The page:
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Moderate Voter Turnout For Mid-Term Election

By Staff | Nov 4, 2010

Palo Alto County Auditor Gary Leonard (left) posted preliminariy election results from each precinct as soon as they arrived on election night. Voters gathered in the courthouse hallway to learn the outcome of election races. --Dan Voigt photo

Palo Alto County voters went to the polls Tuesday to make their voices heard in several contested elections, including a very close race for the Iowa House of Representatives District Seven seat that may not be decided for several days. With 57 percent voter turnout on Tuesday, voters provided an upset, as incumbent Palo Alto County Attorney Peter C. Hart was unseated in his bid for re-election.

In addition to the political questions facing the voters, the continuation of casino gaming in the county was approved by a huge margin and voters also approved an Extension referendum question.

A total of 3,978 votes were cast in Tuesday’s elections, out of a 6,952 registered voters in the county. Of that total, 1,164 absentee ballots were issued prior to the election, and all but about 60 had been returned to the Palo Alto County Auditor’s Office by Tuesday, By law, absentee ballots postmarked Nov. 1 may be accepted until the official canvas of the vote. All local vote totals are considered unofficial until canvassed on Nov. 9 by the Palo Alto County Board of Supervisors for the local elections, with the state canvas taking place on Nov. 29.

The closest local race came in the race for the County Attorney’s office, where incumbent Peter C. Hart lost his bid for re-election by 42 votes, falling to Republican challenger Lyssa Henderson. Hart received 1,913 votes to Henderson’s 1,955 votes.

An even closer contested election came for the Iowa House District Seven seat being vacated by Marcie Frevert. Voters in the county chose republican contender Lannie Miller over Democratic contender John Wittneben of Estherville, as Miller received 2,101 votes in Palo Alto County, while Wittneben earned 1,753 votes. The district also includes a portion of Kossuth County along with Emmet County. In Kossuth county, Miller receive 1,597 votes to Wittneben’s 1,287. But in Emmet County, Miller garnered 1,394 votes while Wittneben received, 2,090 votes. Totaling the three counties, it appears Wittneben eked out a 38-vote win over Miller – 5,130 to 5,092.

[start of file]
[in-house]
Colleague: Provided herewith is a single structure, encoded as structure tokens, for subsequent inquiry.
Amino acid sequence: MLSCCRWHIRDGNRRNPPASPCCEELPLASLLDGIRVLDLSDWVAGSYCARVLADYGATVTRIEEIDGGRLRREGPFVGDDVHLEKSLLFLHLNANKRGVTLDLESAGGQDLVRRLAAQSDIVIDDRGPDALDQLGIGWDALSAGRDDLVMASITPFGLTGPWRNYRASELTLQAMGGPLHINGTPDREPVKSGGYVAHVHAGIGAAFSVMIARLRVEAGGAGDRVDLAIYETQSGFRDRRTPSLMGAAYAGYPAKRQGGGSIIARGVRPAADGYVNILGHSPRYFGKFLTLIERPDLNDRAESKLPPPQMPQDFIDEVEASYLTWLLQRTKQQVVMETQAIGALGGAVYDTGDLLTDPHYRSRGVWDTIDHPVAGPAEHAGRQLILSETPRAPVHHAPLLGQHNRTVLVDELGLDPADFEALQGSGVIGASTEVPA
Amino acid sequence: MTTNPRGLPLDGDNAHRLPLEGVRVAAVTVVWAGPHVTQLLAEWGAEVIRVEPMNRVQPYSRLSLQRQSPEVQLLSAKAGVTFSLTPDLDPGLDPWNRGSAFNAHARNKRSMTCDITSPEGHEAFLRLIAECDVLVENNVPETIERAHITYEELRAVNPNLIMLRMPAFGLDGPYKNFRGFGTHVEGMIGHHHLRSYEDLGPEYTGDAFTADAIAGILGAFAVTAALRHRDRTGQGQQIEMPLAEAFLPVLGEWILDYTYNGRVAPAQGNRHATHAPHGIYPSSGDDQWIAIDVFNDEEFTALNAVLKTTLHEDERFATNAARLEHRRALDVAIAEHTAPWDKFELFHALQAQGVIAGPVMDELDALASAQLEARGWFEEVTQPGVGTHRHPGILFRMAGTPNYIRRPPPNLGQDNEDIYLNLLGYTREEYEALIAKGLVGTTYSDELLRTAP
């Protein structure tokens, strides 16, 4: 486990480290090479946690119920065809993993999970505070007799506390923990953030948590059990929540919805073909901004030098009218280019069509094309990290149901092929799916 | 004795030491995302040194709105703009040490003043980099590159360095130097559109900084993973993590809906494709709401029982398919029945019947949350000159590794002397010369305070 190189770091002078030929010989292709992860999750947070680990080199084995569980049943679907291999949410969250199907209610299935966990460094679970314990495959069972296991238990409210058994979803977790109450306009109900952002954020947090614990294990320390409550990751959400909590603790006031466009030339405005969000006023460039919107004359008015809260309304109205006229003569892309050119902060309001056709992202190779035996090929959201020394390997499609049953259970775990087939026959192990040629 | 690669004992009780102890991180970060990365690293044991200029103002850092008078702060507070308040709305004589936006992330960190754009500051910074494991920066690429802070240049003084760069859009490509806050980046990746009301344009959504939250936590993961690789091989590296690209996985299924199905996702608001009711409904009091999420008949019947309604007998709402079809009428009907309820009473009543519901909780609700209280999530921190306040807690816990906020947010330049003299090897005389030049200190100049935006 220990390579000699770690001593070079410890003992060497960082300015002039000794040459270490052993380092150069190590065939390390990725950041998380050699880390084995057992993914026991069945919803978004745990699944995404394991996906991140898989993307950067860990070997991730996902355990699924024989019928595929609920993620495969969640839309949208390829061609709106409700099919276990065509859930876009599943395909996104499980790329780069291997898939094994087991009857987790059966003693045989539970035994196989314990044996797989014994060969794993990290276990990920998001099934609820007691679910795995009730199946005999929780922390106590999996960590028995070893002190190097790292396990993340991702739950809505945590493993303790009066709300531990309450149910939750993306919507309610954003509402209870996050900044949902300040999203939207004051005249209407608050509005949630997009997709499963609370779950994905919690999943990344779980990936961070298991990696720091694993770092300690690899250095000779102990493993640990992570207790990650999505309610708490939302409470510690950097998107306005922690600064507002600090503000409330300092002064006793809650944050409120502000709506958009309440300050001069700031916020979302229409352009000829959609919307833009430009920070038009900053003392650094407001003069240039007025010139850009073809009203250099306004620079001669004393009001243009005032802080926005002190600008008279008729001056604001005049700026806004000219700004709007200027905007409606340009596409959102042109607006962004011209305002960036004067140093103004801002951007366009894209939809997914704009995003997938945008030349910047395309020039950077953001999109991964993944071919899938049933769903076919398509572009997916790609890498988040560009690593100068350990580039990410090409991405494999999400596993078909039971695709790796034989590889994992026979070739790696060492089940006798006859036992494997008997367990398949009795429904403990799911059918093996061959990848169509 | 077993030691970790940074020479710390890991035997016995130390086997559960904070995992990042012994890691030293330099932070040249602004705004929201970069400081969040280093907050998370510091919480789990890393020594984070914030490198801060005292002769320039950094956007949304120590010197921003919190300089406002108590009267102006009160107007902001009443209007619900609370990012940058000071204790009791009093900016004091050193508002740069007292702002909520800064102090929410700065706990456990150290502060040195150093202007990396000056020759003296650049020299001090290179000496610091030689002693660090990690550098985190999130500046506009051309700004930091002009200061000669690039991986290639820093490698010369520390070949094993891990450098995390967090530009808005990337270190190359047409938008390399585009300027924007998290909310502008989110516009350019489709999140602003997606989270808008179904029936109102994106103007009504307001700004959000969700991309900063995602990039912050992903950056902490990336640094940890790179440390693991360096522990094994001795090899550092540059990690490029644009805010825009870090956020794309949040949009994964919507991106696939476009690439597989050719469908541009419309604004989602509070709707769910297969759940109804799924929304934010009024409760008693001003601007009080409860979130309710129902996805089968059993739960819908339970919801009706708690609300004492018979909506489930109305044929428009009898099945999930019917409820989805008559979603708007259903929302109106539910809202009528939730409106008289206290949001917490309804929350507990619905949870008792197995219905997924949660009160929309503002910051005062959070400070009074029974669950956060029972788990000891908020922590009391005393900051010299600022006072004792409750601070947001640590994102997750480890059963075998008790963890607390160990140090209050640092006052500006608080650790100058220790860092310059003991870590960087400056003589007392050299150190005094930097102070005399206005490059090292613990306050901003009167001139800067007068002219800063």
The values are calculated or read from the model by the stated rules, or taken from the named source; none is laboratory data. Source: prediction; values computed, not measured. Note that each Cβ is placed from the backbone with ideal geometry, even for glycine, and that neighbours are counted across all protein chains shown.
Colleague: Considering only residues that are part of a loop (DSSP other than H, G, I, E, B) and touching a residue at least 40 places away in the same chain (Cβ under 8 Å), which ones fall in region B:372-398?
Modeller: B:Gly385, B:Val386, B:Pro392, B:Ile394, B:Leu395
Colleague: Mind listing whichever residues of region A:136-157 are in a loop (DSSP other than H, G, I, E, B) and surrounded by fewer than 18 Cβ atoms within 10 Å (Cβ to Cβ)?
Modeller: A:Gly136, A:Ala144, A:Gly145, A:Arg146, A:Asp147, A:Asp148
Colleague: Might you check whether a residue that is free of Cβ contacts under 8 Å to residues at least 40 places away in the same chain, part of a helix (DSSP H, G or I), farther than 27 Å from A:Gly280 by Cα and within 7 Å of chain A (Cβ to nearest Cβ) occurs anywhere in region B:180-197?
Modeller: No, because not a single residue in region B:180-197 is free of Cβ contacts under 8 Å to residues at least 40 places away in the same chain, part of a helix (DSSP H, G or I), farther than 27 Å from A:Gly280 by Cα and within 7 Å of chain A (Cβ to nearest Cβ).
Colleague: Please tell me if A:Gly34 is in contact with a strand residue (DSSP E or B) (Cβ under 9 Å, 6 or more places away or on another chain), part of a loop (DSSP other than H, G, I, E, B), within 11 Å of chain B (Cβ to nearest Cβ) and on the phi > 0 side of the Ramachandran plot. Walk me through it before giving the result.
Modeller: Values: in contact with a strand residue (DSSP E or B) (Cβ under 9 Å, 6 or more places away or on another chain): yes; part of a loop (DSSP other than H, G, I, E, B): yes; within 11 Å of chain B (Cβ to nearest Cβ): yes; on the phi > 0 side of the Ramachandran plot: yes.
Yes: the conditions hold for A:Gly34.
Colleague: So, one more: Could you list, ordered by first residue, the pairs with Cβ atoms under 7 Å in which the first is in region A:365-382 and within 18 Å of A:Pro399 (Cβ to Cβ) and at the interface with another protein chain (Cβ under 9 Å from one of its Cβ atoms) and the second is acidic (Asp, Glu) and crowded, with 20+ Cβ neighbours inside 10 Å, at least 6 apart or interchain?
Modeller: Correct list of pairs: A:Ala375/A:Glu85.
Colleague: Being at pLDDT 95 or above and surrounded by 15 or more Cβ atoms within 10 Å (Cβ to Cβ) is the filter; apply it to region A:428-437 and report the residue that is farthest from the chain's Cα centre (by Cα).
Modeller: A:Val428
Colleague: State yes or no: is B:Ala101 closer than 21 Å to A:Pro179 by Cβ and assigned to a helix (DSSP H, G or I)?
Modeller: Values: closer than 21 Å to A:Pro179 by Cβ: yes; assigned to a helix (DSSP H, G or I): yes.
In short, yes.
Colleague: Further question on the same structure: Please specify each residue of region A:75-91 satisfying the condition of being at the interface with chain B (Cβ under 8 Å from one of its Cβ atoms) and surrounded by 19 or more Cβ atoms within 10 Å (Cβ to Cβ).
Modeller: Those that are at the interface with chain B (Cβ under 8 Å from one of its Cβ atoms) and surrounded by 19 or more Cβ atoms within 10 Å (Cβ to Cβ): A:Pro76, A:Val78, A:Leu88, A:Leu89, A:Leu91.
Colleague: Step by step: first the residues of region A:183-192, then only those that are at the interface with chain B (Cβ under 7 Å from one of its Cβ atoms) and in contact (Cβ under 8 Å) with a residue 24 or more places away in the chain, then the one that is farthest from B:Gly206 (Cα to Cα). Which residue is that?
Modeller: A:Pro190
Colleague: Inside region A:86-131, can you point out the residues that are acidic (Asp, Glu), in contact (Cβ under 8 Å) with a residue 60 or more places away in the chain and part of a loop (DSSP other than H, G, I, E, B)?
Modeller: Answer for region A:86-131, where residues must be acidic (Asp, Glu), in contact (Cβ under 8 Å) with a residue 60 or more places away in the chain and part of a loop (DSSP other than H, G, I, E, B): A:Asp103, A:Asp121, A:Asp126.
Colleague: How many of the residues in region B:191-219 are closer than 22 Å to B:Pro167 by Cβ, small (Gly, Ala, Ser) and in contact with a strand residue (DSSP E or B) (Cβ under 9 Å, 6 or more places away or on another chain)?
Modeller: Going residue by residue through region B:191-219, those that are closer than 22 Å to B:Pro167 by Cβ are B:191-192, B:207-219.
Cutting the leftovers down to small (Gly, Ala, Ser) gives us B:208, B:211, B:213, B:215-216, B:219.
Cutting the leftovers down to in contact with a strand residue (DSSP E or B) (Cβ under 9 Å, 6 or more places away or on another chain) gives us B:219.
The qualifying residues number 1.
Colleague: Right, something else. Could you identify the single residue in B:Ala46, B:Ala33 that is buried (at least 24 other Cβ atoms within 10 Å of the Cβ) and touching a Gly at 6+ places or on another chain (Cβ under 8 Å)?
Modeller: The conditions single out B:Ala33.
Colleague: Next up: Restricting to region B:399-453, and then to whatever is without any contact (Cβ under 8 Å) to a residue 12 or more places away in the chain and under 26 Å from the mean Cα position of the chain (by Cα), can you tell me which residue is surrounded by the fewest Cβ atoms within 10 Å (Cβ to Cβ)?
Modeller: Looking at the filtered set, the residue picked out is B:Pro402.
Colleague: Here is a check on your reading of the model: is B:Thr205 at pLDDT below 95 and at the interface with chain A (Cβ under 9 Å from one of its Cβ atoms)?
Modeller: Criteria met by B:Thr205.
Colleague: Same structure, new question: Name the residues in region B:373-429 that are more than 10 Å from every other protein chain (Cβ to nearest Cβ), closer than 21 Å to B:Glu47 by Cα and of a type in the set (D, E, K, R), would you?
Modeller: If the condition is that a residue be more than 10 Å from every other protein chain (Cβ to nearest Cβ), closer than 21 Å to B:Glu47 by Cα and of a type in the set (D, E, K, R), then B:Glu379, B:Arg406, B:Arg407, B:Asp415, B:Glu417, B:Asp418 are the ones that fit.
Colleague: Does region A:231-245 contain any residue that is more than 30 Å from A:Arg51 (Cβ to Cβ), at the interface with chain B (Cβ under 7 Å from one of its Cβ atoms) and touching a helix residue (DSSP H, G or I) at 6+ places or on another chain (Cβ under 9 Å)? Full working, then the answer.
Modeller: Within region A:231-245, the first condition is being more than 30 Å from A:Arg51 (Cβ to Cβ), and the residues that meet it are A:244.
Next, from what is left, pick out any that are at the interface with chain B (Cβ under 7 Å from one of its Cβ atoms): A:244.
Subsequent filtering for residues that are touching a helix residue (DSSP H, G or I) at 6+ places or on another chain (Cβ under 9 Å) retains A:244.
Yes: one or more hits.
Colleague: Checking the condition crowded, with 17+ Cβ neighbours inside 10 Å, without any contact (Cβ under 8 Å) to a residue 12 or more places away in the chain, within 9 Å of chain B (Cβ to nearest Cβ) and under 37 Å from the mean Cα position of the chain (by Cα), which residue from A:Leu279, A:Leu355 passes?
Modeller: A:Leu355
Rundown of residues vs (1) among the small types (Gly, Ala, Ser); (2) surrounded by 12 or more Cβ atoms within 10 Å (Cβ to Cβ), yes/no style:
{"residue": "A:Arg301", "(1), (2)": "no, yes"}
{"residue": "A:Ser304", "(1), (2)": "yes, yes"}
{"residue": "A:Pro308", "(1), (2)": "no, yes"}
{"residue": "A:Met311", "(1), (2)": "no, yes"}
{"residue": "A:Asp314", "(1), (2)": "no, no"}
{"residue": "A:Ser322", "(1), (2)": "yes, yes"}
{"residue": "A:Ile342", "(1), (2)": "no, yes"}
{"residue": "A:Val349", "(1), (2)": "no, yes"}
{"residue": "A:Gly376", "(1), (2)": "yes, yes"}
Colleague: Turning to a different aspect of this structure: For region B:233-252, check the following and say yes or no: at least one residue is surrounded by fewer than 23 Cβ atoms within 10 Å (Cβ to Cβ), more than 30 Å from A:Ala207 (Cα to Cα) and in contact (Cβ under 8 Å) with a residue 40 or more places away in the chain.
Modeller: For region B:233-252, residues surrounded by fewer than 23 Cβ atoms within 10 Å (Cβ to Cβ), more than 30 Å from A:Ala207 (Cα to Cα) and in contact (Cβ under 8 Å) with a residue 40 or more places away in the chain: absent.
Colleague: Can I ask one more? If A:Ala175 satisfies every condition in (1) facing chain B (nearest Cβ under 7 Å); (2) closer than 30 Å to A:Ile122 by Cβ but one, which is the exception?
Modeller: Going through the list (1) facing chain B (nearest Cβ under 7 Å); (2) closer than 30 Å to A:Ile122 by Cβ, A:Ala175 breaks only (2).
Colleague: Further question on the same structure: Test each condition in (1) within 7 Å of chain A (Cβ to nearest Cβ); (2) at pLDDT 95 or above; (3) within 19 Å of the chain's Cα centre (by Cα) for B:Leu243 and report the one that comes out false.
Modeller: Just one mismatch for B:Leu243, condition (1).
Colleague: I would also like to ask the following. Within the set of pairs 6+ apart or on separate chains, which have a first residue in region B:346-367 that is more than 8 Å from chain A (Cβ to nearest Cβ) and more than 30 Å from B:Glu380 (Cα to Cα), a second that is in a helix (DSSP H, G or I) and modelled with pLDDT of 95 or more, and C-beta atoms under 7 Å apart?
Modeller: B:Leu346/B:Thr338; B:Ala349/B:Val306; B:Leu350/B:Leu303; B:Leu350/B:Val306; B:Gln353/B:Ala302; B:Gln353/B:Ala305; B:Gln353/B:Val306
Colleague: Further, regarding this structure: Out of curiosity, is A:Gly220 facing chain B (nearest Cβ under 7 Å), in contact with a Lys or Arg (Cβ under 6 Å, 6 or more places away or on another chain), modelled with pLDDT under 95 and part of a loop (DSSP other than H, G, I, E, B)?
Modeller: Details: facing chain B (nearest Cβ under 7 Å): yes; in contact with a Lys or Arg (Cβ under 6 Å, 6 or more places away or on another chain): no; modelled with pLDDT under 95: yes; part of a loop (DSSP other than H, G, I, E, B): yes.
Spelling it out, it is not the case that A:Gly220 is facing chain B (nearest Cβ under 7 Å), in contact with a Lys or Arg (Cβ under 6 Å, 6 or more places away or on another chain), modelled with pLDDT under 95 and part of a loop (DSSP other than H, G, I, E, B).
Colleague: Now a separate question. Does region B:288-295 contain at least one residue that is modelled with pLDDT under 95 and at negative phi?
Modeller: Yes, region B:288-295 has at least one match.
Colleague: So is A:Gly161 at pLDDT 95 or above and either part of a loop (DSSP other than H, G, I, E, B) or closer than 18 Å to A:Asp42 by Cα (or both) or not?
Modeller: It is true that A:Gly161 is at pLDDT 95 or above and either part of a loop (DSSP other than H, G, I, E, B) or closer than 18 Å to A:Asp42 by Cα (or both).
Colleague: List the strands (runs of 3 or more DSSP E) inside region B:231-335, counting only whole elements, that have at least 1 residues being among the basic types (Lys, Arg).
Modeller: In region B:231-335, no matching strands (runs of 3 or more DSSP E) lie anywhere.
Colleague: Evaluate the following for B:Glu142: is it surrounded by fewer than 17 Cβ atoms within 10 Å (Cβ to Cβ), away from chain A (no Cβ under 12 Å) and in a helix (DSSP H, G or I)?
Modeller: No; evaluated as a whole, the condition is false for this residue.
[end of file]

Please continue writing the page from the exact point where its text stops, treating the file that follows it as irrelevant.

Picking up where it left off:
There were two other contested political contests decided by voters on Tuesday for seats on the County Board of Supervisors. In District Two, Republican incumbent Jerry Hofstad withstood the challenge of Democratic candidate Nancy Wentzel. As he received 518 votes, while Wentzel earned 466. In Supervisor District Five, Republican incumbent Ed Noonan won re-election over Democratic challenger Jim Neighbors, as Noonan earned 491 votes and Neighbors received 276.

A pair of local public measure questions also received approval from the county’s voters as well on Tuesday. The reauthorization of casino gaming in the county was approved in an overwhelming fashion, with 3,286 yes votes and 554 no votes, an 85 percent approval.

It was a closer count for the referendum question for the Palo Alto County Extension Council, as it was finally able to pass the Extension Referendum by 260 votes, with 1,864 yes votes and 1,604 no votes, or 53 percent approval.

There were several uncontested races in the county, including Supervisor District One where Republican Keith Wirtz ran unopposed and received 727 votes to retain his seat on the board. County Treasurer Mary Kunz Hilfiker, a Democrat, also ran unopposed and was re-elected with 3,045 votes. Also running un-opposed was Democratic County Recorder Bonnie Whitney, who received 3,024 votes to retain her office for another term.

At the state level, Palo Alto County followed the state trend and elected former Governor Terry Branstad and running mate Kim Reynolds to office over Governor Chet Culver. Branstad received 58 percent of the vote with 2,266 votes while Culver received 37 percent of the vote, or 1,451 votes. And, local voters followed the state trend in unseating the three Supreme Court Justices, as all three were voted out of their positions by margins of 60-plus percent.

As a sidelight, a total of 942 straight-party votes were cast, with 449 Democratic straight tickets and 444 Republican straight ballots. There were also 49 straight-ticket Libertarian ballots cast in the election.